The opinion of the court was delivered by: Judge Muir
(Complaint filed 03/17/05)
THE BACKGROUND OF THIS ORDER IS AS FOLLOWS:
On March 17, 2005, Plaintiff Kimberly Lauterborn initiated this action by filing a complaint in which she alleges that Defendant R & T Mechanical, Inc. (hereinafter "R & T Mechanical"), violated the Federal Equal Pay Act and the Pennsylvania Equal Pay Law.
On December 1, 2005, R & T Mechanical filed a motion for summary judgment and a supporting brief. In its motion R & T Mechanical states that the motion was filed "in accordance with F.R.C.P. 1286." The reference to Rule 1286 is erroneous because no such Federal Rule of Civil Procedure exists. On December 2, 2005, R & T Mechanical filed an amended summary judgment motion to correct the error and to refer to the proper rule, Federal Rule of Civil Procedure 56. Lauterborn filed a brief opposing the summary judgment motion on December 16, 2005. R & T Mechanical filed its reply brief on December 23, 2005, thereby ripening for disposition its summary judgment motion.
Summary judgment is appropriate only when there is no genuine issue of material fact which is unresolved and the moving party is entitled to a judgment as a matter of law. Fed. R. Civ. P. 56(c). Summary judgment should not be granted when there is a disagreement about the facts or the proper inferences which a fact finder could draw from them. Peterson v. Lehigh Valley Dist. Council, 676 F.2d 81, 84 (3d Cir. 1982). "When a motion for summary judgment is made and supported as provided in ...[Rule 56], an adverse party may not rest upon mere allegations or denials of the adverse party's pleading...." Fed. R. Civ. P. 56(e).
Initially, the moving party has a burden of demonstrating the absence of a genuine issue of material fact. Celotex Corporation v. Catrett, 477 U.S. 317, 323 (1986). This may be met by the moving party pointing out to the court that there is an absence of evidence to support an essential element as to which the non-moving party will bear the burden of proof at trial. Id. at 325.
Rule 56 provides that, where such a motion is made and properly supported, the adverse party must show by affidavits, pleadings, depositions, answers to interrogatories, and admissions on file that there is a genuine issue for trial. Fed. R. Civ. P. 56(e). The United States Supreme Court has commented that this requirement is tantamount to the non-moving party making a sufficient showing as to the essential elements of their case that a reasonable jury could find in its favor. Celotex Corporation v. Catrett, 477 U.S. 317, 322-23 (1986).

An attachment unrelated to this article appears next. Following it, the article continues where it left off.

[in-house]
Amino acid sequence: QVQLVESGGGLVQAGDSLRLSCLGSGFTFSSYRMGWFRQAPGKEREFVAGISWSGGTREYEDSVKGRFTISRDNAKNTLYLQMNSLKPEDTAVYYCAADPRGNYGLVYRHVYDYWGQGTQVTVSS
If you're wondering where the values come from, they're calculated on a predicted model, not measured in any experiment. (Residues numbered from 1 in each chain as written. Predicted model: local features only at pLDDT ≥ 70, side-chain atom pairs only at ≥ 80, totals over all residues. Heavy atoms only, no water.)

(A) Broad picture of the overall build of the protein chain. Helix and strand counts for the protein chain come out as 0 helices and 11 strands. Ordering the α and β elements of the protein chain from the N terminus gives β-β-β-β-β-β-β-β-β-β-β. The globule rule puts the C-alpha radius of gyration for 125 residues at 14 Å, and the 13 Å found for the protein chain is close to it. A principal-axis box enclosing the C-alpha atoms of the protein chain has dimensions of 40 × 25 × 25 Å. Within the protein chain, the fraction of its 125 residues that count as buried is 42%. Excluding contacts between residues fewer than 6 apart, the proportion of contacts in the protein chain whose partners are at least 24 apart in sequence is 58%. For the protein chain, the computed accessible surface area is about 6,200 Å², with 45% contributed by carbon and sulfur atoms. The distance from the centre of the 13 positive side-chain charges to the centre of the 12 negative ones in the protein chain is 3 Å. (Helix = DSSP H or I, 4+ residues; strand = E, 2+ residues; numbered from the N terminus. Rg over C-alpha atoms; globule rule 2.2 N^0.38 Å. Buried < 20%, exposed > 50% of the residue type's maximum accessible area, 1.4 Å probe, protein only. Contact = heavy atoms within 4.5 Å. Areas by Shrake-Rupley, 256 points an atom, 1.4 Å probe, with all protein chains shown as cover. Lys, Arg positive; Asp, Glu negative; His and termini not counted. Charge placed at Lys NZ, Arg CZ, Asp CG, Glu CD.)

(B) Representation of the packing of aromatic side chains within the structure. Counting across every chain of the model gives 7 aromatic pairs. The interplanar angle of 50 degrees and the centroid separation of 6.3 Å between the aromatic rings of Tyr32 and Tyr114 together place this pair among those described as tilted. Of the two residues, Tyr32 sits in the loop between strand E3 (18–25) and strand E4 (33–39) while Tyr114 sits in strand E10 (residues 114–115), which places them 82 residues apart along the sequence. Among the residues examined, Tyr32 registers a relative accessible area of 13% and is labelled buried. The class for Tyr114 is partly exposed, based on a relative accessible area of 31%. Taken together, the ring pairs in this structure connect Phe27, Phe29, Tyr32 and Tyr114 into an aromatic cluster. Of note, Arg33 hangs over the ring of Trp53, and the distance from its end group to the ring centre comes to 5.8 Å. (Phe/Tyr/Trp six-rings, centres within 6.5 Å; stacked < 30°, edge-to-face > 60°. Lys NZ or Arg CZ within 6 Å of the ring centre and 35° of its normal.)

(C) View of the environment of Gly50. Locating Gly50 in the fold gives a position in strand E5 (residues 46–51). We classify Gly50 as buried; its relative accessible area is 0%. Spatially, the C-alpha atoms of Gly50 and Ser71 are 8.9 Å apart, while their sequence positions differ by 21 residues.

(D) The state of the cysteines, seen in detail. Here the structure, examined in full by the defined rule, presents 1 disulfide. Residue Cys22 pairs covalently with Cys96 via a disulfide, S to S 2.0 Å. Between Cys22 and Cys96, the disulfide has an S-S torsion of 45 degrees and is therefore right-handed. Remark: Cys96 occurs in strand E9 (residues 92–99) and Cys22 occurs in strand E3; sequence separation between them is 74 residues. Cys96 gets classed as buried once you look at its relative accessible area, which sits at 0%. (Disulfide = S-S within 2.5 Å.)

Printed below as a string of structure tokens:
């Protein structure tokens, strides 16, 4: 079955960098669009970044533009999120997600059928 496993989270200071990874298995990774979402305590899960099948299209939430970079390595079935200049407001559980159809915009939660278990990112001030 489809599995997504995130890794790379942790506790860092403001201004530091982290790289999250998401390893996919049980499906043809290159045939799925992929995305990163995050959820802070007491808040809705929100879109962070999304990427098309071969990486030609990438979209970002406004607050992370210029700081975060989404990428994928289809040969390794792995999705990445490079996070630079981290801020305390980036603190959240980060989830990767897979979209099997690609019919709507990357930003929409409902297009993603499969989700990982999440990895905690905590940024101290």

When addressing a motion for such a judgment, our inquiry focuses on "whether the evidence presents a sufficient disagreement to require submission to the jury or whether it is so one-sided that one party must prevail as a matter of law." Anderson v. Liberty Lobby, Inc., 477 U.S. 242, 251-52 (1986)(emphasis added). As summarized by the Advisory Committee On Civil Rules, "[t]he very mission of the summary judgment procedure is to pierce the pleadings and to assess the proof in order to see whether there is a genuine need for trial." Fed. R. Civ. P. 56 advisory committee note to 1963 Amendment.
Before discussing the substantive merit's of the summary judgment motion, one preliminary threshold matter needs to be addressed. Lauterborn argues that R & T Mechanical's motion should summarily be denied because it was filed after the December 1, 2005, deadline for dispositive motions. This argument has merit only if the original motion filed on that date is disregarded, and the amended summary judgment motion filed on December 2, 2005, is considered to be the only one on the docket.
Lauterborn has given us no reason to ignore the motion filed by R & T Mechanical on December 1, 2005. Surely no prejudice has befallen Lauterborn as a result of the filing of the amended summary judgment motion on December 2, 2005. Although we consider the original motion to have been superseded by the amended motion for summary judgment, the filing of the original motion was within the deadline set for dispositive motions. Consequently, we will deny the initial summary judgment motion because it has been superseded, and will proceed to address the merits of the amended motion for summary judgment.
The United States Supreme Court has stated that in order to prevail on a claim brought under the Federal Equal Pay Act a plaintiff is required to prove "that an employer pays different wages to employees of opposite sexes 'for equal work on jobs the performance of which requires equal skill, effort, and responsibility, and which are performed under similar working conditions.'" Corning Glass Works v. Brennan, 417 U.S. 188, 195, 94 S.Ct. 2223, 2228 (1974)(quoting 29 U.S.C. § 206(d)(1)). R & T Mechanical first contends that it is entitled to summary judgment with respect to Lauterborn's Federal Equal Pay Act claim because she is unable to set forth facts sufficient to proceed to trial on her claim that she performed equal work to her male counterparts but was paid less than her male counterparts in violation of the Equal Pay Act[.] (Brief in Support of Summary Judgment Motion, p. 5)
The undisputed material facts establish that Lauterborn was employed by R & T Mechanical from June 8, 1994, to some point in July of 2004. Lauterborn was initially paid $9.00 per hour (which was the amount she requested when hired), and received raises over time which increased her wages to $12.25 per hour by the time her employment with R & T Mechanical ended. All persons working for R & T Mechanical were classified as laborers.
However, in addition to those facts, it is necessary to consider how Lauterborn's pay compares to that of her male co-workers who performed "equal work on jobs the performance of which requires equal skill, effort, and responsibility, and which are ...